At any one time, there are hundreds of drugs being developed around the world. Some of them could change the way we treat conditions such as lung cancer and asthma. Here are six drugs currently in development that have a real chance of finding their way onto shelves. Drugs are a very touchy subject for aspiring doctors — medical students have definitely taken the time to learn about prescription drugs. The pharmaceutical industry forms a big portion of the affairs that physicians carry out everyday. From the drugs prescribed to the clinical trials conducted, medicine is closely intermingled with the development and use of new medications. However, issues arise when the reporting on the safety, efficacy, and utility of these drugs remains undisclosed due to certain conventional procedures. If you are a medical student who has gone through clinical rotations, you might likely have had this experience (especially on the surgical floors). If you are just starting medical school, it’s something to look forward to! Medical students must also keep cognizant of the opioid epidemic. All it took was one-hundred words to kill over hundreds of thousands of Americans. A new report from the New England Journal of Medicine tells the story of how this short doctor’s note helped facilitate today’s American opioid epidemic. Read more about it here. Since opioids were not widely used forty years ago, so doctors did not have...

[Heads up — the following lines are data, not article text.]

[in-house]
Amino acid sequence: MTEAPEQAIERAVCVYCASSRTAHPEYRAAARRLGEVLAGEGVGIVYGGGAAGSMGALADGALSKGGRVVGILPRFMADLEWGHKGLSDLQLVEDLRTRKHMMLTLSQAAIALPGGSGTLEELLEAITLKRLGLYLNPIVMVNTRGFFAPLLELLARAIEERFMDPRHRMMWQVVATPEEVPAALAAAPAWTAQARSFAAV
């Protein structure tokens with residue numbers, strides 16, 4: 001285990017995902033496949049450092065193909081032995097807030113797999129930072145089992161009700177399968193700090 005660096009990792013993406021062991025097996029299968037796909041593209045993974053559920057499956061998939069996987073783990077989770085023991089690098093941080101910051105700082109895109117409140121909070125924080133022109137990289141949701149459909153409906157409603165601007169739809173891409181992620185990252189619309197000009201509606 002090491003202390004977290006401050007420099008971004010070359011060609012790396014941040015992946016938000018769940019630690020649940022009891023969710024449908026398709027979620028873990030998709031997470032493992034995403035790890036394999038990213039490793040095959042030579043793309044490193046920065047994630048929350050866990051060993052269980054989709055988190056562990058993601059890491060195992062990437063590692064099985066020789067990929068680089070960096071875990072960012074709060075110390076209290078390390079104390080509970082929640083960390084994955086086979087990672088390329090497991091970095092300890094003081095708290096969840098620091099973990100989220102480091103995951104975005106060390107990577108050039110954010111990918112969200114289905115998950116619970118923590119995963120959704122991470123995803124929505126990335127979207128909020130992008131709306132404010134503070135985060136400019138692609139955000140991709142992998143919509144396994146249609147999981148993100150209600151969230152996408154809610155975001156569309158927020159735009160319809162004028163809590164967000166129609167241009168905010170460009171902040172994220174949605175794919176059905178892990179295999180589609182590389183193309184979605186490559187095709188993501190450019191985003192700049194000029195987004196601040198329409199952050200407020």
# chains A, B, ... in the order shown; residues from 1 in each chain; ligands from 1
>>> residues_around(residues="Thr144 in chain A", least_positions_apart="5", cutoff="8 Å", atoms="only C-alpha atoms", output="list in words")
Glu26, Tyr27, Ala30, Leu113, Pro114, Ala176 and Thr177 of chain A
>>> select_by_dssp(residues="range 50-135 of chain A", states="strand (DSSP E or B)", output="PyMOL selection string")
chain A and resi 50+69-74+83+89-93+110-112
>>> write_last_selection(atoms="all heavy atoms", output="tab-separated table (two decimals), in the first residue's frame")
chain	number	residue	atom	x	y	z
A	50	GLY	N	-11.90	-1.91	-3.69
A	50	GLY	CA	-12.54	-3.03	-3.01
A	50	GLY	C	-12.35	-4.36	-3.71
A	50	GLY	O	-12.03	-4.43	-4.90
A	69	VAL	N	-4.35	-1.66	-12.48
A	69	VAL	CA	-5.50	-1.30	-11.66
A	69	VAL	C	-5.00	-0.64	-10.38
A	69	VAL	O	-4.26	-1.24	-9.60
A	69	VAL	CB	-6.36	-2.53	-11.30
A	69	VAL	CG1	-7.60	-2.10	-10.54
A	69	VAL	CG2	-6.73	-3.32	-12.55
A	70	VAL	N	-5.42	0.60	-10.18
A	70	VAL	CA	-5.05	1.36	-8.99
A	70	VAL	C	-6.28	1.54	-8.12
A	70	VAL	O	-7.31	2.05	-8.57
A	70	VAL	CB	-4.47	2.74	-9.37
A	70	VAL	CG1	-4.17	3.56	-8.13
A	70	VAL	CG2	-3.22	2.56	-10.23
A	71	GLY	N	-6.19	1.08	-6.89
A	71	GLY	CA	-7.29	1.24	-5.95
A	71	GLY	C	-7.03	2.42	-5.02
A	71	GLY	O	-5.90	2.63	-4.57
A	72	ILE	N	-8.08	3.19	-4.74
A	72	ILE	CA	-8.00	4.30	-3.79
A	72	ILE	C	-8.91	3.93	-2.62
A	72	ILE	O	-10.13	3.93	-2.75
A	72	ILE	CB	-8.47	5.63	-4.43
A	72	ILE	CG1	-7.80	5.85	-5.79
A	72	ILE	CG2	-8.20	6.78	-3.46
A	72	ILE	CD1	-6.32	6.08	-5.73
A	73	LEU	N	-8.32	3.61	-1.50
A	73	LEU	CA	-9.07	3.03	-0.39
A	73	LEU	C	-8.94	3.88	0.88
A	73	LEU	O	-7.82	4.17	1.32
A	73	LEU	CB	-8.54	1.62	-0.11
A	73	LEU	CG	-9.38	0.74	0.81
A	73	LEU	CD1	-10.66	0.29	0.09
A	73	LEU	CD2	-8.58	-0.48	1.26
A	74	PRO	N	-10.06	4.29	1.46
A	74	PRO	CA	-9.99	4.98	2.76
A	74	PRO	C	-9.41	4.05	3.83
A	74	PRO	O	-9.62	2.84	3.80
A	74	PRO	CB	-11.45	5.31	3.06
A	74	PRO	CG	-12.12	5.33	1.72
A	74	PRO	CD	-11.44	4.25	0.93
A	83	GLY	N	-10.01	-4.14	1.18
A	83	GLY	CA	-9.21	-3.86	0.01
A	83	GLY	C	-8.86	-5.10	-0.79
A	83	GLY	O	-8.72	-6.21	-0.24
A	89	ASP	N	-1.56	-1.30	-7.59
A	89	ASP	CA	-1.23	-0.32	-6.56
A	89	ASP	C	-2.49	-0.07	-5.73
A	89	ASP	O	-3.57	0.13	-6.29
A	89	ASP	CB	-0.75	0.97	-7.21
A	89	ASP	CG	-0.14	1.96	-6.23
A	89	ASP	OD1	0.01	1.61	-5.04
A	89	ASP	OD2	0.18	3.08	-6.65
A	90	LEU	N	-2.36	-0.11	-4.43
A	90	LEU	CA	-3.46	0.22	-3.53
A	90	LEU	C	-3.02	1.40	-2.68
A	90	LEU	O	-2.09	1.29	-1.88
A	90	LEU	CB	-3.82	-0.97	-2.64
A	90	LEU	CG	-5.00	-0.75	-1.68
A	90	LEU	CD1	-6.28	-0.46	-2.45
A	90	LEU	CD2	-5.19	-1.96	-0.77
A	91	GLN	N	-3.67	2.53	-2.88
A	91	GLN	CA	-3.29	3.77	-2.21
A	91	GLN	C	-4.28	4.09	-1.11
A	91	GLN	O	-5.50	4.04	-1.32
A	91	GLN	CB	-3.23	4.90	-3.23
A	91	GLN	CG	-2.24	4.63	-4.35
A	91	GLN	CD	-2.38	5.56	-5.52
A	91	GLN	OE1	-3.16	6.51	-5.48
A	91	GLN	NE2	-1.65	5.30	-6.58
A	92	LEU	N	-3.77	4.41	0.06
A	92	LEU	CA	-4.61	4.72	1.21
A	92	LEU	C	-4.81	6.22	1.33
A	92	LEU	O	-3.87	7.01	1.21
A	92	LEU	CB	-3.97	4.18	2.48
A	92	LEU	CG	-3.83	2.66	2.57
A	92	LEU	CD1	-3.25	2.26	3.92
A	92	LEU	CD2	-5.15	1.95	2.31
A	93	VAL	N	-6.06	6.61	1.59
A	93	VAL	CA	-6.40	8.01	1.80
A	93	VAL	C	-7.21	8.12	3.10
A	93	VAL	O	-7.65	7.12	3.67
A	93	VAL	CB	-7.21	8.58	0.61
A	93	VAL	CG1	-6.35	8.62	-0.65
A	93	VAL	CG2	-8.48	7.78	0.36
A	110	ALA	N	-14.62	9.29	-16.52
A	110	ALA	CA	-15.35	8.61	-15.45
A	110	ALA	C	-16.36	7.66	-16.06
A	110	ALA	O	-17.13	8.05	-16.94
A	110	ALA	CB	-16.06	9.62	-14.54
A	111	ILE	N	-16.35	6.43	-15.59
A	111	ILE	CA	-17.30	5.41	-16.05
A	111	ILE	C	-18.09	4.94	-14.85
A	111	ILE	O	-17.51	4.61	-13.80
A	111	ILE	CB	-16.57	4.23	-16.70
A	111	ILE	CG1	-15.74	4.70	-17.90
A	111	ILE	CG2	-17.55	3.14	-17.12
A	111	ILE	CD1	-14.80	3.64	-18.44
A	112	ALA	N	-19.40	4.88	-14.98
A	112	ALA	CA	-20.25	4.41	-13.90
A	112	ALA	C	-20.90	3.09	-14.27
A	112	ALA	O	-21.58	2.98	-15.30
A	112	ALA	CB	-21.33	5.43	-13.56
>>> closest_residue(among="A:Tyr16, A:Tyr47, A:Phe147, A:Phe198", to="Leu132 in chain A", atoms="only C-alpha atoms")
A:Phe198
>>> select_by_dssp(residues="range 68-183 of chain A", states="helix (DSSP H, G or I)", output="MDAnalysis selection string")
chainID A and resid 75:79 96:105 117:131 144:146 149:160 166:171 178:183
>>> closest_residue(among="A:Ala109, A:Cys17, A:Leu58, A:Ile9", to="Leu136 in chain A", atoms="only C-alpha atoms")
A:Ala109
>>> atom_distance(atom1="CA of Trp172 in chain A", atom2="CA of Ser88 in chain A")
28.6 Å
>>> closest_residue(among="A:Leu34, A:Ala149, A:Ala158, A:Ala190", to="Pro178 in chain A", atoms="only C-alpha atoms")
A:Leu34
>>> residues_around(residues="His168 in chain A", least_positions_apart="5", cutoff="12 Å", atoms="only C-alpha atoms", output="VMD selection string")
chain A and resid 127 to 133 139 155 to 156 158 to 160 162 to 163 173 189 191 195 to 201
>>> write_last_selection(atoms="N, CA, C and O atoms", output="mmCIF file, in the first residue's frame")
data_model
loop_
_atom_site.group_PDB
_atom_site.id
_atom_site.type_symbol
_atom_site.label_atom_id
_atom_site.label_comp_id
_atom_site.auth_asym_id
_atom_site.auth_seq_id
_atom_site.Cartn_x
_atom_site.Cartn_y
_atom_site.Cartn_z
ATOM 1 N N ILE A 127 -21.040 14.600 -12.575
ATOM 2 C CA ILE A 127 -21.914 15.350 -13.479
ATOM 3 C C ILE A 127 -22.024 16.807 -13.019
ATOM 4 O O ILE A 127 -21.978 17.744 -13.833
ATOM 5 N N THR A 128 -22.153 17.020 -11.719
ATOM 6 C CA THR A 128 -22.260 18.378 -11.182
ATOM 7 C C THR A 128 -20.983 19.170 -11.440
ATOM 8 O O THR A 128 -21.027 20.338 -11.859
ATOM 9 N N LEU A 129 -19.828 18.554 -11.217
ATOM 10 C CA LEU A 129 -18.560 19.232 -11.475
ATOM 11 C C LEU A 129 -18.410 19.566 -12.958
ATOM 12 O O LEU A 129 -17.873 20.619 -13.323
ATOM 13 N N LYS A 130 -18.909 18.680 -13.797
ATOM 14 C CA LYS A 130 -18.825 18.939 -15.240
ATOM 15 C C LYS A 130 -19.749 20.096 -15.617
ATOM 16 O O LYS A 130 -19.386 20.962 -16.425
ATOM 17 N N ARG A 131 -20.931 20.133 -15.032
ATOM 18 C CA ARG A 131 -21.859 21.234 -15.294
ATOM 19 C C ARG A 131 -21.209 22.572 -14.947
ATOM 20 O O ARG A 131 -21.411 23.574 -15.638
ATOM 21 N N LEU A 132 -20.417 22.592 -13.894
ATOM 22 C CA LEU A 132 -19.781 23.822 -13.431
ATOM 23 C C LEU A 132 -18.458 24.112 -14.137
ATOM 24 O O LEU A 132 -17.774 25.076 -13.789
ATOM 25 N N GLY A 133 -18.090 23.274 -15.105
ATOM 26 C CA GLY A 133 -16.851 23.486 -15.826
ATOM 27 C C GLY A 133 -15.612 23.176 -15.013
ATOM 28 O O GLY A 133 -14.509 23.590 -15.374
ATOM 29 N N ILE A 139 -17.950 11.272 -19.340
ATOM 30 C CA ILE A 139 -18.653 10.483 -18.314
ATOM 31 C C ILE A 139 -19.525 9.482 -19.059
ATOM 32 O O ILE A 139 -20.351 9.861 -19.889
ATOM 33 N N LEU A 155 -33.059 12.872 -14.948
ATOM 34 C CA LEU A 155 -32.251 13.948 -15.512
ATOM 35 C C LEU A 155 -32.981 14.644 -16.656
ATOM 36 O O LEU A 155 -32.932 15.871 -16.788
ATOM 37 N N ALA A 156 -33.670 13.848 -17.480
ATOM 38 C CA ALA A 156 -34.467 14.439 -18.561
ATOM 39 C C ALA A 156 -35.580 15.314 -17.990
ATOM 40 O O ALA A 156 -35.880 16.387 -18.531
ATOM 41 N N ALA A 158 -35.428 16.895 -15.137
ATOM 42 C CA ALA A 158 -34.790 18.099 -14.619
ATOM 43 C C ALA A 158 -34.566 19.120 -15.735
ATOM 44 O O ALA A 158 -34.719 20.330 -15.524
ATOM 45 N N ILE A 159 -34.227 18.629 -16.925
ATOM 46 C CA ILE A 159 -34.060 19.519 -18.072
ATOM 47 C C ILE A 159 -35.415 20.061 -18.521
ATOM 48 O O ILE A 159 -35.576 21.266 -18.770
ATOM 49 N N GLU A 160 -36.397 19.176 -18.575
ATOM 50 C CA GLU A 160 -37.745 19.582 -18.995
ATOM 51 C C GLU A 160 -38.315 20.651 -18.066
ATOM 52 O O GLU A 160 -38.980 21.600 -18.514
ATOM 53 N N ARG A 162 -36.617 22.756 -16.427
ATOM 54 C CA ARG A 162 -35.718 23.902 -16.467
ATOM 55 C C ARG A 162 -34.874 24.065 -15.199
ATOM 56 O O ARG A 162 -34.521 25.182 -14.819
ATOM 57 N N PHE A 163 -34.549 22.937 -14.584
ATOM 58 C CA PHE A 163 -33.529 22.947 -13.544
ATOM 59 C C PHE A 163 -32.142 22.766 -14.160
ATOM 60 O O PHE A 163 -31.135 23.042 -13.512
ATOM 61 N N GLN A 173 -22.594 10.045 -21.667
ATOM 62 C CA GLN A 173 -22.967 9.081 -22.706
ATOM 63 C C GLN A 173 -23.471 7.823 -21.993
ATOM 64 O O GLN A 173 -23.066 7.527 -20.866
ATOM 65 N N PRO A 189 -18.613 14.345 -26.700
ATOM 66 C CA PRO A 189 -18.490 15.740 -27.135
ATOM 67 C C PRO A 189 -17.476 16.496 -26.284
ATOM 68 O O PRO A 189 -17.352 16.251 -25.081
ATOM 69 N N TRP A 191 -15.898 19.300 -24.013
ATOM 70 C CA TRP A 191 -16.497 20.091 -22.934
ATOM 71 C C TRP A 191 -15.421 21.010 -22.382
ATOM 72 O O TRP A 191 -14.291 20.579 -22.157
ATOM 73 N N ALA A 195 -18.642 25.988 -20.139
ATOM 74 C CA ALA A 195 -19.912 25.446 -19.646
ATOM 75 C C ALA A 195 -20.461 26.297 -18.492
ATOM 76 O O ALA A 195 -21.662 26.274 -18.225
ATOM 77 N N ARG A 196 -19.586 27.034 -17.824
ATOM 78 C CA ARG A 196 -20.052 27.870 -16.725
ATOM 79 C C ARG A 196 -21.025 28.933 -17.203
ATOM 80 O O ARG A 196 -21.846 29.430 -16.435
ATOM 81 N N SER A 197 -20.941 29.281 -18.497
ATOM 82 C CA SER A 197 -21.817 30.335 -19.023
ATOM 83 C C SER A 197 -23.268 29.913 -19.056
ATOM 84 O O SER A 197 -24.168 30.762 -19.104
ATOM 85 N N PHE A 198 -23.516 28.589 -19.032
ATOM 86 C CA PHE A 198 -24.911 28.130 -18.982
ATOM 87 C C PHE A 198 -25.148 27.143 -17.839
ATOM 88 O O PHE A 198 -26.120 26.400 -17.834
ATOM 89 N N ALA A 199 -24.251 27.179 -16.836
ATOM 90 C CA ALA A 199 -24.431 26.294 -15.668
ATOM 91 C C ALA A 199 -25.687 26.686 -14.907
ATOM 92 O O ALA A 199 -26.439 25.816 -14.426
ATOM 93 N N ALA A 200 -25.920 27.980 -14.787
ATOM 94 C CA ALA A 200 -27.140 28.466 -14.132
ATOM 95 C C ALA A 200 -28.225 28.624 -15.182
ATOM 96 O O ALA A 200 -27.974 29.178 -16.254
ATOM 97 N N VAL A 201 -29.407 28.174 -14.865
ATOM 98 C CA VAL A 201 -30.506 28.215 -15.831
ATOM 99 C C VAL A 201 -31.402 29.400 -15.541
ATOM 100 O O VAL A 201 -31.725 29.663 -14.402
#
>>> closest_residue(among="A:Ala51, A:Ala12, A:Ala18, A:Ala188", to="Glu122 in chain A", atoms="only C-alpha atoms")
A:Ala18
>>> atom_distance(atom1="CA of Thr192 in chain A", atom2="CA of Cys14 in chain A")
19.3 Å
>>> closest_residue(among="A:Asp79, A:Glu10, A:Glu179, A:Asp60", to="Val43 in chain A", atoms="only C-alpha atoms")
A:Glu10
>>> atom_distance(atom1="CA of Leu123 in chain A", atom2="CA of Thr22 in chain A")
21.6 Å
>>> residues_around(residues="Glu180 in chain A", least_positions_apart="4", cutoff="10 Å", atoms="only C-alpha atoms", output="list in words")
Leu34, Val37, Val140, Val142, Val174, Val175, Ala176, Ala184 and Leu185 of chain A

We’re One Step Closer To Identifying Parkinson’s Disease